October 27, 2009

And Speaking of Teachers...

This was forwarded to me by a fellow alum from my MFA program. It's Dorianne Laux speaking about Philip Levine and using the style and voice of Merwin. And it feels like a direct echo of "Finding a Teacher."


after W.S. Merwin

What he told me, I will tell you
There was a war on
It seemed we had lived through
Too many to name, to number

There was no arrogance about him
No vanity, only the strong backs
Of his words pressed against
The tonnage of a page

His suggestion to me was that hard work
Was the order of each day
When I asked again, he said it again,
Pointing it out twice

His Muse, if he had one, was a window
Filled with a brick wall, the left hand corner
Of his mind, a hand lined with grease
And sweat: literal things

Before I knew him, I was unknown
I drank deeply from his knowledge
A cup he gave me again and again
Filled with water, clear river water

He was never old, and never grew older
Though the days passed and the poems
Marched forth and they were his words
Only, no other words were needed

He advised me to wait, to hold true
To my vision, to speak in my own voice
To say the thing straight out
There was the whole day about him

The greatest thing, he said, was presence
To be yourself in your own time, to stand up
That poetry was precision, raw precision
Truth and compassion: genius

I had hardly begun. I asked, How did you begin
He said, I began in a tree, in Lucerne
In a machine shop, in an open field
Start anywhere

He said If you don’t write, it won’t
Get written. No tricks. No magic
About it. He gave me his gold pen
He said What’s mine is yours

October 20, 2009

I Could Tell That His Line Had No Hook

Warning: I'm breaking my own rules here with a slightly longer post...

Finding a Teacher
In the woods I came on an old friend fishing
and I asked him a question
and he said Wait

fish were rising in the deep stream
but his line was not stirring
but I waited
it was a question about the sun

about my two eyes
my ears my mouth
my heart the earth with its four seasons
my feet where I was standing
where I was going

it slipped through my hands
as though it were water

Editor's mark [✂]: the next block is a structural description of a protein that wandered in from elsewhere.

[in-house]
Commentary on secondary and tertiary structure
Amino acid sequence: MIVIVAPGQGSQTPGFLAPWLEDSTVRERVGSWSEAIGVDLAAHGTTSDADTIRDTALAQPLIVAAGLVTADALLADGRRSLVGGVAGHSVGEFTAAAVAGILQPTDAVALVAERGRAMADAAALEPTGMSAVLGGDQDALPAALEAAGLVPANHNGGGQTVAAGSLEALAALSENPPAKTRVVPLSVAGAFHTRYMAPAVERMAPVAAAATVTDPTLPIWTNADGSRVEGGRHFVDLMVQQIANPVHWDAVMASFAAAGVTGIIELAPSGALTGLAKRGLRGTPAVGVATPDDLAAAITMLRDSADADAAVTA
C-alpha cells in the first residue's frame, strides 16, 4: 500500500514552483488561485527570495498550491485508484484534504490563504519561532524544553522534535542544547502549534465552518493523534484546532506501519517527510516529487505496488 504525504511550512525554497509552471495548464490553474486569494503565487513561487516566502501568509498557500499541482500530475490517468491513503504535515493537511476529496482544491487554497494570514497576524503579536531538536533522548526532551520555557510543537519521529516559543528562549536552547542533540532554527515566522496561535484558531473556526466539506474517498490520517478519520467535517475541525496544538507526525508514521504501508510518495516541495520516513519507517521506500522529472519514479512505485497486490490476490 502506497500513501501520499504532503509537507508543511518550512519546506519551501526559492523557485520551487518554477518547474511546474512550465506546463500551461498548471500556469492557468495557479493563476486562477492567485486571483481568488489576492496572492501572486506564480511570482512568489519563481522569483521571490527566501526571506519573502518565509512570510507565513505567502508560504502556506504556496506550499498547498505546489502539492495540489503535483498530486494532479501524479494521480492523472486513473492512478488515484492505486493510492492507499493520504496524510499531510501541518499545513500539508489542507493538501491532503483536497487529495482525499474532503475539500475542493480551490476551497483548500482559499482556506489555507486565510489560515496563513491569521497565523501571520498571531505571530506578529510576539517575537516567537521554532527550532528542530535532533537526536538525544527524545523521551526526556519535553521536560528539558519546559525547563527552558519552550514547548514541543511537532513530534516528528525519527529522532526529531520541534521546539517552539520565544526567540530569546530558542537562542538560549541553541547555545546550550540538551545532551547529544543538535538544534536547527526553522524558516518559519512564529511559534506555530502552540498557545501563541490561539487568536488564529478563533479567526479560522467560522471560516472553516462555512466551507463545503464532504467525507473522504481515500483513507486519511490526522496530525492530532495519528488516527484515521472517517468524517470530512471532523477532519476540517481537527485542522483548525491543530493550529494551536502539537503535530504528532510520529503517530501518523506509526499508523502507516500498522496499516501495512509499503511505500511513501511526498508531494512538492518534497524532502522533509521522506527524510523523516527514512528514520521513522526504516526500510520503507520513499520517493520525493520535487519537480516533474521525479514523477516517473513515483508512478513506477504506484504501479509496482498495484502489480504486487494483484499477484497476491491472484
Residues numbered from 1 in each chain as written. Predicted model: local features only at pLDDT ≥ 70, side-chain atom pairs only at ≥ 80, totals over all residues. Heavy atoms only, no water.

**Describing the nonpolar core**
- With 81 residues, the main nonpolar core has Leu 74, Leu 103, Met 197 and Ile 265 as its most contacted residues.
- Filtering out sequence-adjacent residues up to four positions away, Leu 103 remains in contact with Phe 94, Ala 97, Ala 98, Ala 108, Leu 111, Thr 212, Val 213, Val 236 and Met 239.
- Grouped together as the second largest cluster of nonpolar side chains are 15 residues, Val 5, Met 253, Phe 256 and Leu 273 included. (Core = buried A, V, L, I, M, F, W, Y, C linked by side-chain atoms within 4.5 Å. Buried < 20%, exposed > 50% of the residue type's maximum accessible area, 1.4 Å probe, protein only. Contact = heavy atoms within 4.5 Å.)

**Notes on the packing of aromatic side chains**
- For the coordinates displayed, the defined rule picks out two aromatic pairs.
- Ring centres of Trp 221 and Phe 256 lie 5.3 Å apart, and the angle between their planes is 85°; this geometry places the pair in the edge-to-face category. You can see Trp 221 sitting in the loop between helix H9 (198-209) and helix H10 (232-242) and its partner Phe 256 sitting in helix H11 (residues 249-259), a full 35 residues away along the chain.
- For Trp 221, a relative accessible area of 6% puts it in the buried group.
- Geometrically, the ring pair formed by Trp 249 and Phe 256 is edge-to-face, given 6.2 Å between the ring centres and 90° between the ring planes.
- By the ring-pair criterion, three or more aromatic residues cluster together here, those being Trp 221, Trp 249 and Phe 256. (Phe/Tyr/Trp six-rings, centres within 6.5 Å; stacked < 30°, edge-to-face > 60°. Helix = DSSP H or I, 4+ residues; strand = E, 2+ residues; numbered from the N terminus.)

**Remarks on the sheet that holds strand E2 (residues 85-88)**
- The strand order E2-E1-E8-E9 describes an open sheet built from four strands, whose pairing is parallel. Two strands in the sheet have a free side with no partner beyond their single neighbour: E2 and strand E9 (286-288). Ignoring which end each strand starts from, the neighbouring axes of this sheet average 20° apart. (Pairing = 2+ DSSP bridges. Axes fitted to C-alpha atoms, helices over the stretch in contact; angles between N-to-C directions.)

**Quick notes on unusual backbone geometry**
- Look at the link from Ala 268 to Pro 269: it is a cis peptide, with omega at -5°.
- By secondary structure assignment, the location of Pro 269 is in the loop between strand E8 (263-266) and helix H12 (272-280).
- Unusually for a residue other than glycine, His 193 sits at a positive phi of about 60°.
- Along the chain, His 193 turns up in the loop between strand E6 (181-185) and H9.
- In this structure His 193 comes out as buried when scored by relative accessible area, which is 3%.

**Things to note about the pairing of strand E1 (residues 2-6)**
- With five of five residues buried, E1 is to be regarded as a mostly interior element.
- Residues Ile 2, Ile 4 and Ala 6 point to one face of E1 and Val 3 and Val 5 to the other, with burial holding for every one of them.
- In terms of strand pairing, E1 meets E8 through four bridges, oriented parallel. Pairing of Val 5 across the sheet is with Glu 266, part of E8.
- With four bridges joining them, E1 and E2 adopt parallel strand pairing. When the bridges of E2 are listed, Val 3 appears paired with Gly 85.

into the river
it flowed under the trees
it sank under hulls far away
and was gone without me
then where I stood night fell

I no longer knew what to ask
I could tell that his line had no hook
I understood that I was to stay and eat with him

~W.S. Merwin

There is something about the simplicity of the exchange in this poem that says volumes to me about teaching at a spiritual level. When I think of my most significant teachers, I think of gestures, manners, cadences, moments of insight, and about a feeling I had in their classrooms and in their presences.

Ultimately, these were the teachers who found some way to create space for me to discover truth -- about myself and about life. It’s hard to be sure that there was a neat relationship between what they hoped I would learn and the lessons that rose to the surface for me. They gave me reason to wait and to let my questions hang in the air. They allowed me to feel safe enough to let my guard down and invite the arrival of unexpected discovery.

In some cases, I have found these people in the classroom. In other cases, these encounters have been more coincidental. Regardless, I think that finding a teacher requires a sense of openness captured by this poem.

The speaker of the poem sees that his friend’s line is not stirring, but he waits. It is not entirely logical, but perhaps he knows -- consciously or unconsciously -- that this time spent together will be of value even if no words are exchanged.

I love the way this poem deals with the dailiness and simplicity of teaching and learning. Real teaching and real learning are unfolding processes which require abundant patience. The idea that this encounter between friends can be boiled down to standing together quietly watching a loose line linger in the water is magnificent.